04-04-2003, 02:07 PM
I am interested in tying mostly size 12-16 dry flies and would like to buy hackle in colors such as grizzly, brown, and blue dun. What type of hackle would best serve my purpose? What about quality of hackle?
Cabela's sells packets of three different colored sections of Metz dry fly hackle that can be used to tie approximately 200 flies in sizes 12-16 for $24.95. Is this good quality hackle for a good price? Whiting also sells packages of saddle feathers for various size dry flies. They normall include enough hackle to tie 100 flies and sell for about $10 per pack.
I would like to buy several different colors of quality hackle, but do not need or can I afford to buy three different colored, whole rooster necks. Any advice on purchasing dry fly hackle?
04-05-2003, 12:20 AM
The best buy on the market for quality dry fly hackle are #3 grade necks that sell for around #25.00 to $35.00. This is what I buy and it is what nearly all commercial/professional tyers such as A.K. Best and Al Troth buy as well. The reason for this is simple, unless you are tying a lot of flies in size #18 to 24, the #1 necks are a waste of money. The #3 necks are mostly composed of #12 to 16 hackles and these are the most used sizes for dry flies too. Keep in mind that #3 necks do not have inferior dry fly hackle on them, they just have very few of the really small ones.
The next best value for the dollar after the #3 necks is the Whiting hackle packs that sell for about $10.00 each. (This is what Cabella's is selling; but they can be found at most any good fly shop for the same price)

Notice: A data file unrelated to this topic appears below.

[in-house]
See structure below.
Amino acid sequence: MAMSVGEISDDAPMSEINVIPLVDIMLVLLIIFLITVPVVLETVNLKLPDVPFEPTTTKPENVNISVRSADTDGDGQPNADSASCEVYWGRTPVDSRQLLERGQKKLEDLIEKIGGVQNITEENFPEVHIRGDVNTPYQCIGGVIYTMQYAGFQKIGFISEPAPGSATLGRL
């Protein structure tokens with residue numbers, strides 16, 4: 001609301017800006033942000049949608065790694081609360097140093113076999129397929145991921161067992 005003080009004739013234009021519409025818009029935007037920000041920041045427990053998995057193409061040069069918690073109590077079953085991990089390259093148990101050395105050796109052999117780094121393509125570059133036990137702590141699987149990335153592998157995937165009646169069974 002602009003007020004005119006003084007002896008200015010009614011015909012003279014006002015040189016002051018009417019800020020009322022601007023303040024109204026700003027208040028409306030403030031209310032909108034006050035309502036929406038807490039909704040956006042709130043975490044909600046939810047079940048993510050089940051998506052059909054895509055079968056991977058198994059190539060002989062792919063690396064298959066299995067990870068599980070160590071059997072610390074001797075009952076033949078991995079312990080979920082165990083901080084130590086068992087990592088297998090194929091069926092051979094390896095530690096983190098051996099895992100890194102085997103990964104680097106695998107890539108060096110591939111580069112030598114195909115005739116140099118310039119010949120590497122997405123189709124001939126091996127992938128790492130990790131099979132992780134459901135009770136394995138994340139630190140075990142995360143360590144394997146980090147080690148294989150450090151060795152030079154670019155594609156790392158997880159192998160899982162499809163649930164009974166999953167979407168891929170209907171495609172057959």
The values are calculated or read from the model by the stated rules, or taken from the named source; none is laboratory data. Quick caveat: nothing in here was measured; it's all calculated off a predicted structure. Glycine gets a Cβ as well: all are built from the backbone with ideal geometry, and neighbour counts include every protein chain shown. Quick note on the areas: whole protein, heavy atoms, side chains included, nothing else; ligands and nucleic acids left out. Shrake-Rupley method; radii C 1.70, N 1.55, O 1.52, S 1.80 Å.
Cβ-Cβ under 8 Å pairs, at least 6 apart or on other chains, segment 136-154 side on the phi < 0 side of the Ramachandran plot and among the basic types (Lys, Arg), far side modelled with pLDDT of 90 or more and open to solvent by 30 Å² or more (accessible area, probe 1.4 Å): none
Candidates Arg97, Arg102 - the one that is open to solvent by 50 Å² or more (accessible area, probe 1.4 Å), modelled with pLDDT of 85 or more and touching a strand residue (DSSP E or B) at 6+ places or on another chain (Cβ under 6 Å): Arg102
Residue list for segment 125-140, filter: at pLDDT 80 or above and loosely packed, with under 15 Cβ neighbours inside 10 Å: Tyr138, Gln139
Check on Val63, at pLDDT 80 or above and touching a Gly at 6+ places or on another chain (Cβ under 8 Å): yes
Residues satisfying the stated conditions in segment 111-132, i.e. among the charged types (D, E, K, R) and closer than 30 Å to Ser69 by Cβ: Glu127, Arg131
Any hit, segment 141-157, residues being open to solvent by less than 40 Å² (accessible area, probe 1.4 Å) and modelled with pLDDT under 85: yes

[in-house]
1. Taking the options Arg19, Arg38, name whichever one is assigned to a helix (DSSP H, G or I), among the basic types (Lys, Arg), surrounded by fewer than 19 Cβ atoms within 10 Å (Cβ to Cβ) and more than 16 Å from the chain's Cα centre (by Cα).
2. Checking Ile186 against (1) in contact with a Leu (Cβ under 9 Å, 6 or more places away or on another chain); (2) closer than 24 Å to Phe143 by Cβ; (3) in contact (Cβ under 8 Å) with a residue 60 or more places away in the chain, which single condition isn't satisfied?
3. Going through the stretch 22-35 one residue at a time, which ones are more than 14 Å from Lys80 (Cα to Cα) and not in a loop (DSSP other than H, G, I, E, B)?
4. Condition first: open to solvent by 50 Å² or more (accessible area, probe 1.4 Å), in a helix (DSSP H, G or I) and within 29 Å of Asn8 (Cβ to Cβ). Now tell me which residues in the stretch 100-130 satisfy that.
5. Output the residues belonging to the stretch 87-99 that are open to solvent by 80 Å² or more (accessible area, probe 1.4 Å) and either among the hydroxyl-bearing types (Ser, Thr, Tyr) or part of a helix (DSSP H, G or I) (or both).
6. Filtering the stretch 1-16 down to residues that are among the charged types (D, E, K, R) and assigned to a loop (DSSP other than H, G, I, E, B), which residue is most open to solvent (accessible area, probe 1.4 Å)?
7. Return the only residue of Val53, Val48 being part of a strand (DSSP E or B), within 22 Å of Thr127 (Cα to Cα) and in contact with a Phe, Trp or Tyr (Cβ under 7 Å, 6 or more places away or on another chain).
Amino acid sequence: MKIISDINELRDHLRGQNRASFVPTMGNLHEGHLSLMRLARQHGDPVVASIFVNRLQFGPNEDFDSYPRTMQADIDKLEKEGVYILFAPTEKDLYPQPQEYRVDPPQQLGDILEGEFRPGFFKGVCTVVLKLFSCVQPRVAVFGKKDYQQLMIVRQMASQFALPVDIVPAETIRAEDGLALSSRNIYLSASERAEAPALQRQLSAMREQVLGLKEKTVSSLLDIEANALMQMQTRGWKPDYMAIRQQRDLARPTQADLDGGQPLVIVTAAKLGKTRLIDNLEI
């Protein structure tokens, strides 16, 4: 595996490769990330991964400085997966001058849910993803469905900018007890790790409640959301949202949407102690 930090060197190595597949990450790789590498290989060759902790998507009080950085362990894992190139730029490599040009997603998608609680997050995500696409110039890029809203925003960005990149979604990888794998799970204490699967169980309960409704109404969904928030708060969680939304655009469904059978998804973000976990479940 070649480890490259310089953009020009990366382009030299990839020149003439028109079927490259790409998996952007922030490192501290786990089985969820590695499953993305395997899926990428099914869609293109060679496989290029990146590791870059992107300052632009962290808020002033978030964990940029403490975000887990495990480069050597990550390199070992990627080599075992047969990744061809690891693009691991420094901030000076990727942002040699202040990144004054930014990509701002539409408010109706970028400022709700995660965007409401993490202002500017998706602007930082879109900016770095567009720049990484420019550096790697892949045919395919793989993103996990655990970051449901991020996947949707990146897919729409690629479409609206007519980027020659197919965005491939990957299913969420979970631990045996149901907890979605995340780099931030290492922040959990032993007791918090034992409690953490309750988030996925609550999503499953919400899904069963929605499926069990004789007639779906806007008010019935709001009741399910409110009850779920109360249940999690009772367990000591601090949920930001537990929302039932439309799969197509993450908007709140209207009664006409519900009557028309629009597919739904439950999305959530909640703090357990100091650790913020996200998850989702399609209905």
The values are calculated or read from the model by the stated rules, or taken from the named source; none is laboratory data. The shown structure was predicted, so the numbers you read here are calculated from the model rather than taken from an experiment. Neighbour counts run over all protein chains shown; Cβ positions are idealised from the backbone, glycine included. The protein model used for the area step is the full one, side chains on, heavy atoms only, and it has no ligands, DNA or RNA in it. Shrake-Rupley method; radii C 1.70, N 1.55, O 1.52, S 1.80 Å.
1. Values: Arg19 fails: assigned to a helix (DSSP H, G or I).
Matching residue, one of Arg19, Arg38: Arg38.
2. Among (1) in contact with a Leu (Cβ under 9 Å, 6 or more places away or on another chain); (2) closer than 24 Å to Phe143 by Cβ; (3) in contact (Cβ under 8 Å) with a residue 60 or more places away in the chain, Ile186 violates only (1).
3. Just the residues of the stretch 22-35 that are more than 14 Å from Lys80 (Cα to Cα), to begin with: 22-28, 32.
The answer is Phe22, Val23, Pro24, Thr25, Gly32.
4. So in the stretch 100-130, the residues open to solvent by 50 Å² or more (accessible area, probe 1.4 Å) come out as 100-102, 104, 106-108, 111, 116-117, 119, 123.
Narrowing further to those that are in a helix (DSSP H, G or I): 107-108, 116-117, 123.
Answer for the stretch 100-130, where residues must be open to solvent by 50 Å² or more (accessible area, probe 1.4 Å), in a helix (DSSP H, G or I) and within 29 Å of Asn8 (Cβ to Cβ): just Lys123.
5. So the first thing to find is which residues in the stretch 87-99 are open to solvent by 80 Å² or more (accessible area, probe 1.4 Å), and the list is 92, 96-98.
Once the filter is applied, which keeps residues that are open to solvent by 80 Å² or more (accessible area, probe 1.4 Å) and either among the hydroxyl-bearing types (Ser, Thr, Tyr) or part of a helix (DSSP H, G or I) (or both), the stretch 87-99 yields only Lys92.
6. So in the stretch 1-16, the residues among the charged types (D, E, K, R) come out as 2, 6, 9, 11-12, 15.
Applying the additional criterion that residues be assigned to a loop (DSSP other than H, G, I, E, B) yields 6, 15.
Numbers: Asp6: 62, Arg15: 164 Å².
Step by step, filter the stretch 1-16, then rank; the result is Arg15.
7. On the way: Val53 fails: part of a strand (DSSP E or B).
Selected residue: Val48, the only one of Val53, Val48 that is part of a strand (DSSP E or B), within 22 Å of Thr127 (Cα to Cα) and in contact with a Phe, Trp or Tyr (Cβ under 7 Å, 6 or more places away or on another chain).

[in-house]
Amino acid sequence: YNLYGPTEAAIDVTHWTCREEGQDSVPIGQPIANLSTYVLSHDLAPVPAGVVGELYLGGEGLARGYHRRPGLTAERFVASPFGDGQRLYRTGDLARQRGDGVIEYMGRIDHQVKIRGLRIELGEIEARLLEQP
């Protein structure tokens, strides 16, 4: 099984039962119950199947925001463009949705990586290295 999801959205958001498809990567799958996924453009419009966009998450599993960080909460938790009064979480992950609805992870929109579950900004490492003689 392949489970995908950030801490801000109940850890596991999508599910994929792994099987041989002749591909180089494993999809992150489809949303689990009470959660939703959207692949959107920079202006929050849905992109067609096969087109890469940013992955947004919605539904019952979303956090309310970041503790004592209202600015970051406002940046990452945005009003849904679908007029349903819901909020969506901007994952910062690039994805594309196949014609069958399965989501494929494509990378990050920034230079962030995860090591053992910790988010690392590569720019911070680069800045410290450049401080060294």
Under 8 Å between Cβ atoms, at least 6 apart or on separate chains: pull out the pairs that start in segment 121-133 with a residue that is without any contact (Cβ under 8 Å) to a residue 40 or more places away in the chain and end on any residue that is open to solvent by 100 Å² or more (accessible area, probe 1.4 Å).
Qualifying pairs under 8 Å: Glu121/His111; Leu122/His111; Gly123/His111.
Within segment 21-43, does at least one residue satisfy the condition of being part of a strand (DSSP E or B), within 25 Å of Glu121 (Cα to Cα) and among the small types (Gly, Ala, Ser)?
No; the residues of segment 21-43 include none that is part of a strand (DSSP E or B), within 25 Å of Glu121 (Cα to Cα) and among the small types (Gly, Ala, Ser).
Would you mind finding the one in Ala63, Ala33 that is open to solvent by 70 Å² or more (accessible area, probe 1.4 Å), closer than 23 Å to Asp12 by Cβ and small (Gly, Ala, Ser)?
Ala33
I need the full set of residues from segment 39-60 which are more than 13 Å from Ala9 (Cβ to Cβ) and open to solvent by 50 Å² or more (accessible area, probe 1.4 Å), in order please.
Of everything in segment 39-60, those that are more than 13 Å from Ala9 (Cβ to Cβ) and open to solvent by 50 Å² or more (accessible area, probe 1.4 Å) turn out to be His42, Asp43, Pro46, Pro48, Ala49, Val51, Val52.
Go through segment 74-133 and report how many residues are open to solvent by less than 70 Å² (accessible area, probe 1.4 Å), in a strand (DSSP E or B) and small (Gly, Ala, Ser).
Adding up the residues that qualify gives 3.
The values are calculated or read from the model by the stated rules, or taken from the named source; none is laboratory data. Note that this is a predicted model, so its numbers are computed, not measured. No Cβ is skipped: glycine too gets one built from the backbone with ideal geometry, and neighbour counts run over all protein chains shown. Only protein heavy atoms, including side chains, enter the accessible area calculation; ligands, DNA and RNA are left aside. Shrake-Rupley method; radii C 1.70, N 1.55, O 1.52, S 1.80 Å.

These are followed by the Metz 3 packs composed of three colors of hackle, and they sell for around $25.00 (This is also what Cabella's is selling, and they can be found at most any good fly shop for the same price as well.)
The bottom line is why spend $70.00 or more for a #1 grade neck or Whiting saddle when you don't need to. The #3 neck has a larger variety of sizes and a greater number of the most used #12 to #16 hackle.
04-05-2003, 04:56 PM
As usual, you've already been given some solid advice by flytyer. The only thing I can add is that if anyone has the opportunity to visually inspect the hackle before purchase (not doable via catalog), then do so. Many hackles of a given grade cape can be higher or lower in grade than the overall cape is, so there's potential of being shorted or gaining extra depending on the situation.
04-05-2003, 05:46 PM
Originally posted by Dble Haul
... if anyone has the opportunity to visually inspect the hackle before purchase (not doable via catalog), then do so. Many hackles of a given grade cape can be higher or lower in grade than the overall cape is, so there's potential of being shorted or gaining extra depending on the situation.
Dble Haul is 1000% correct, particularly when it comes to Cabela's own hackles! I have purchased quite a few of these, and either love them or hate them; twice I had ordered two saddles of the same color and gotten two completely different looking results, one was great, the other just plain sucked (i.e. coloration, in this case of grizzly hackles, was mostly black and very blotchy rather than a "true" grizzly coloration). I now get my saddles from a local FF shop for only $5 or so more than I can get them from Cabela's for, which is essentially what shipping costs me and therefore I come out the same in terms of money spent. When I need a color they don't normally stock, they simply order it for me and I get it within 2 weeks, again for the Cabela's price plus $5. I have always gotten great hackles from them when I've had to custom order, and therefore I trust them implicitly. After all, these are guys that make a living on fly fishing, and know their trade much better than the guy stuffing boxes in the warehouse for Cabela's. I still order a lot of materials from Cabela's, but not hackles.